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(woman as devouring monster threatening madness and death) has made women suffer culturallyEqual or Different?” (1986; 1988; 1990)

  • most claims to equality = superficial critique of culture, and utopian as a means to women’s liberation.

  • “The exploitation of women is based upon sexual difference, and can only be resolved through sexual difference” (p. 32).

  • neutralization of sex (contemporary feminists) = end of human race (divided into two genres—ensure its production and reproduction)

  • “Trying to suppress sexual difference is to invite a genocide (destruction of women and all values) more radical than any destruction that has ever existed in History” (p. 32).

  • define the value of a sex-specific genre [genre as sexuate (p. 33)] and form a culture that respects both genres


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  • We are still in the (woman as devouring monster threatening madness and death) has made women suffer culturallychildhood of culture: “People constantly split into secondary but murderous rivalries without realizing that their primary and irreducible division is one between two genres” (p. 33).

  • We must give, or restore cultural values to female subjectivity (not simply procreative) e.g. The Second Sex


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(woman as devouring monster threatening madness and death) has made women suffer culturallyThe Bodily Encounter with the Mother” (conference on “Women and Madness”, Montreal, 1981)

  • Men-practitioners’ absence = a sign of their psychiatric practice (self-sufficient) = madness of women: their words are not heard (p 35).

  • Scientific discourses, serious scientific practices, therapeutic decisions and diagnoses = still the privilege of men (who define women’s function, social role, and the sexual identity)

  • “Each sex relates to madness in its own way” (p 35)

  • “All desire is connected to madness” (in the relationship with the mother—a mad desire (the ‘dark continent’ par excellence)) = shadows of our culture, it is its night and its hell


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  • the infrastructure of western culture = women as (woman as devouring monster threatening madness and death) has made women suffer culturallymothers, the unacknowledged foundation of the social order

  • “The maternal function underpins the social order and the order of desire (satisfying the individual and collective need) e.g. in the religious dimension of need (women = mothers)

  • women’s/mothers’ own desire suppressed/forbidden by the law of the father

  • Women’s looking for their sexual identity and the meaning of motherhood: contraception, abortion…

  • “western culture is founded not on parricide (as Freud hypothesized in Totem and Taboo, but on matricide” (p.25).

  • Freud forgot a more archaic murder of the founding of a certain order in the polis (of the primal horde)


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  • Clytemnestra myth— (woman as devouring monster threatening madness and death) has made women suffer culturally

  • forgot the tragedy of Iphigenia

  • Orestes (son) kills his mother for the establishment of a new order (commanded by the God-Father (Apollo))

  • The Furies = the ghosts of his mother = women in revolt, rising up like hysterics against the patriarchal power in the process of being established (p. 37).

  • the law of the primal horde and mythology:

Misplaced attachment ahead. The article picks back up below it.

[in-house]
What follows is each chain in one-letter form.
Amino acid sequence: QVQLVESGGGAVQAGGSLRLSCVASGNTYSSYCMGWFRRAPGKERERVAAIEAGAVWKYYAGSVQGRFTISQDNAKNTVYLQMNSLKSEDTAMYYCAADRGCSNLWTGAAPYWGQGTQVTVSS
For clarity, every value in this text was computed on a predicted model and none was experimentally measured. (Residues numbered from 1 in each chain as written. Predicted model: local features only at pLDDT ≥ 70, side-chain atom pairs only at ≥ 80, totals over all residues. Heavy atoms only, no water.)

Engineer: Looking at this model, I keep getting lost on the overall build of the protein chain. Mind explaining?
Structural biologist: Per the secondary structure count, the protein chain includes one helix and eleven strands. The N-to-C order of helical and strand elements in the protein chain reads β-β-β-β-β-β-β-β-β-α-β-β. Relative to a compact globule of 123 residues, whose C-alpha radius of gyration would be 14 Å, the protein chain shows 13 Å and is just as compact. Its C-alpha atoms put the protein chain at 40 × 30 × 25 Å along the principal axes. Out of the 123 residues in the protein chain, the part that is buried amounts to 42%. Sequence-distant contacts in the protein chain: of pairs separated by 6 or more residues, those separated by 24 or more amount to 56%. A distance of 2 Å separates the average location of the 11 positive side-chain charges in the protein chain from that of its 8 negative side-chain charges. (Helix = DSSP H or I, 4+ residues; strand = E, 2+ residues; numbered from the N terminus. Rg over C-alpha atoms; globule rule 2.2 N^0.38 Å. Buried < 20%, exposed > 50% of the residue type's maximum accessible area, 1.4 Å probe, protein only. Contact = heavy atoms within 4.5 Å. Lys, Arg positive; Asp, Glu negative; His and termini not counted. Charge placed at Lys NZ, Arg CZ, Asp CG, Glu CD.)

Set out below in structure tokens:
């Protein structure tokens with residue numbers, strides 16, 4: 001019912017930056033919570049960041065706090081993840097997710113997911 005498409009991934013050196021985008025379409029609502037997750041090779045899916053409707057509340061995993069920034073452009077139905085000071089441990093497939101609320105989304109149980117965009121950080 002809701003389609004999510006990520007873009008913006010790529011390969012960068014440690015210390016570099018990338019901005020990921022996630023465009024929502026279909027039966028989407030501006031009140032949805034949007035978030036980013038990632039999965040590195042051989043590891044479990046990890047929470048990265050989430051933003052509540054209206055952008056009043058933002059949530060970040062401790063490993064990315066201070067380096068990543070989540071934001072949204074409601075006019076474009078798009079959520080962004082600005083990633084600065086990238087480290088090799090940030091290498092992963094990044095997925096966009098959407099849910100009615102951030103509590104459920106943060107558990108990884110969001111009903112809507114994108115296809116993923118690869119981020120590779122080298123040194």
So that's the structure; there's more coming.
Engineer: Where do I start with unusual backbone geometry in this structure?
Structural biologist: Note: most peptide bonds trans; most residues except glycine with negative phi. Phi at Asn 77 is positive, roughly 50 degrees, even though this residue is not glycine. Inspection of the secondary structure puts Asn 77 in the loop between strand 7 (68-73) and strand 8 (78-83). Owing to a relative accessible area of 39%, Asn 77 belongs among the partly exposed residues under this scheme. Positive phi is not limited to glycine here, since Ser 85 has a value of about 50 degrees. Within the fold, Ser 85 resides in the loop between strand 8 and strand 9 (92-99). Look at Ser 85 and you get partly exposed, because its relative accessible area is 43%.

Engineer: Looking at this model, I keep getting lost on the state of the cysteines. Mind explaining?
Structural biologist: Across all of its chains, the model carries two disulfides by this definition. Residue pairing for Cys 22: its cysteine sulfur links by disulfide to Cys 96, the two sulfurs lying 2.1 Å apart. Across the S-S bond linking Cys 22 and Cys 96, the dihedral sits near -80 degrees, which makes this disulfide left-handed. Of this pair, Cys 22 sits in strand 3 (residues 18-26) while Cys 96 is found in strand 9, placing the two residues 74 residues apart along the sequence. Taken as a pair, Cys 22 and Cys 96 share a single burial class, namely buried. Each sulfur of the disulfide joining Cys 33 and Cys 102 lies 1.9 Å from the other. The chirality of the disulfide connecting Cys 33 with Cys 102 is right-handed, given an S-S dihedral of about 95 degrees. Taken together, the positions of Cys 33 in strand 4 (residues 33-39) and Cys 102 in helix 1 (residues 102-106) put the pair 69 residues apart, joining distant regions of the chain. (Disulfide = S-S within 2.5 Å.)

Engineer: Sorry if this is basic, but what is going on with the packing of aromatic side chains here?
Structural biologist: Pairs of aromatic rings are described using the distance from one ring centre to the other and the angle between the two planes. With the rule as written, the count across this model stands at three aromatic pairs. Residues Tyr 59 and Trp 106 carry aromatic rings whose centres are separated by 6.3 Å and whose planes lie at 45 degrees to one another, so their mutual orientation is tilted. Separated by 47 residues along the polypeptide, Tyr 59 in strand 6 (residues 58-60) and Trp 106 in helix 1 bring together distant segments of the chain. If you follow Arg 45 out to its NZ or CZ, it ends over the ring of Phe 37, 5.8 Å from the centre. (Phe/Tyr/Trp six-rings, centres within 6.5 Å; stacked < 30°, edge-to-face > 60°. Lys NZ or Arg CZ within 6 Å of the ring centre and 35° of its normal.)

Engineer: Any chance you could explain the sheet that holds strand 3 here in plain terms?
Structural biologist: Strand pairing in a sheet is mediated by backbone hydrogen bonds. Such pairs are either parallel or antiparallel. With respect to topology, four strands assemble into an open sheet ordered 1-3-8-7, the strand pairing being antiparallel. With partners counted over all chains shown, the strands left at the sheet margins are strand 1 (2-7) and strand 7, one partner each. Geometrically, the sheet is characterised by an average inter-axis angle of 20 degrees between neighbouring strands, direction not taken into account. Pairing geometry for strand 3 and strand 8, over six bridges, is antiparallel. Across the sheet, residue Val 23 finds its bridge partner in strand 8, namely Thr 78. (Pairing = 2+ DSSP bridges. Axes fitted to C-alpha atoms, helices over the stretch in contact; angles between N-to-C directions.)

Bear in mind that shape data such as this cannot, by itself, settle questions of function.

• men bury women beneath the sanctuary

  • regulation Athenas (virgin-goddess, born of the father and obedient to his law in forsaking the mother)= perfect models of femininity (always veiled and dressed from head to toe)


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  • The murder of the mother → (woman as devouring monster threatening madness and death) has made women suffer culturally

  • the non-punishment of the son (Orestes), but punishment on daughter (Electra)

  • the burial of the madness of women (e.g. Clytemnestra)

  • the burial of women in madness (e.g. Jocasta)

  • In the process of the forming of the new order (based on matricide), a symbolic murder of the father is necessary for the coming of the son’s revenge (murder of ) on the mother:


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  • e.g. p. 38 1. Oedipus’ re-enacting of the madness of Orestes (primal crime—“It was a son’s duty to kill his father’s murderer’s, a duty that came before all others. But a son who killed his mother was abhorrent to gods and to men. A most sacred obligation was bound up with a most atrocious crime” (Hamilton 256))

  • Oedipus—violates the law of the father (Oedipus Complex): ambivalence (“focused on the father, but which is retroactively projected on to the archaic relationship with the body of the mother”) towards his father


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  • The mother’s Orestes body as an object for cathecting (to invest emotional energy in (a person, object or idea)) and later decathecting (i.e., separate, detach, give up, repress)

  • After the bodily encounter with the mother, Oedipus grows up (to establish a new social symbolic order)

  • mother already torn into pieces:

  • by Oedipus’s hatred

  • torn between the sons and the fathers, between sons (p.27, 38)


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  • the mother’s body (the life of the drives) Orestes

  • Partial drives – the body (primal womb—first home, first love) which brought us whole (bound together) into the world

  •  Q: “The genital drive is said to be the drive thanks to which the phallic penis takes back from the mother the power to give birth, to nourish, to dwell, to centre. The phallus erected where once there was the umbilical cord (the first bond with the mother)?” (p.38)

  •  the father and his law: sever the over-intimate bond with the primal womb (the danger of fusion, of death, of the sleep of death)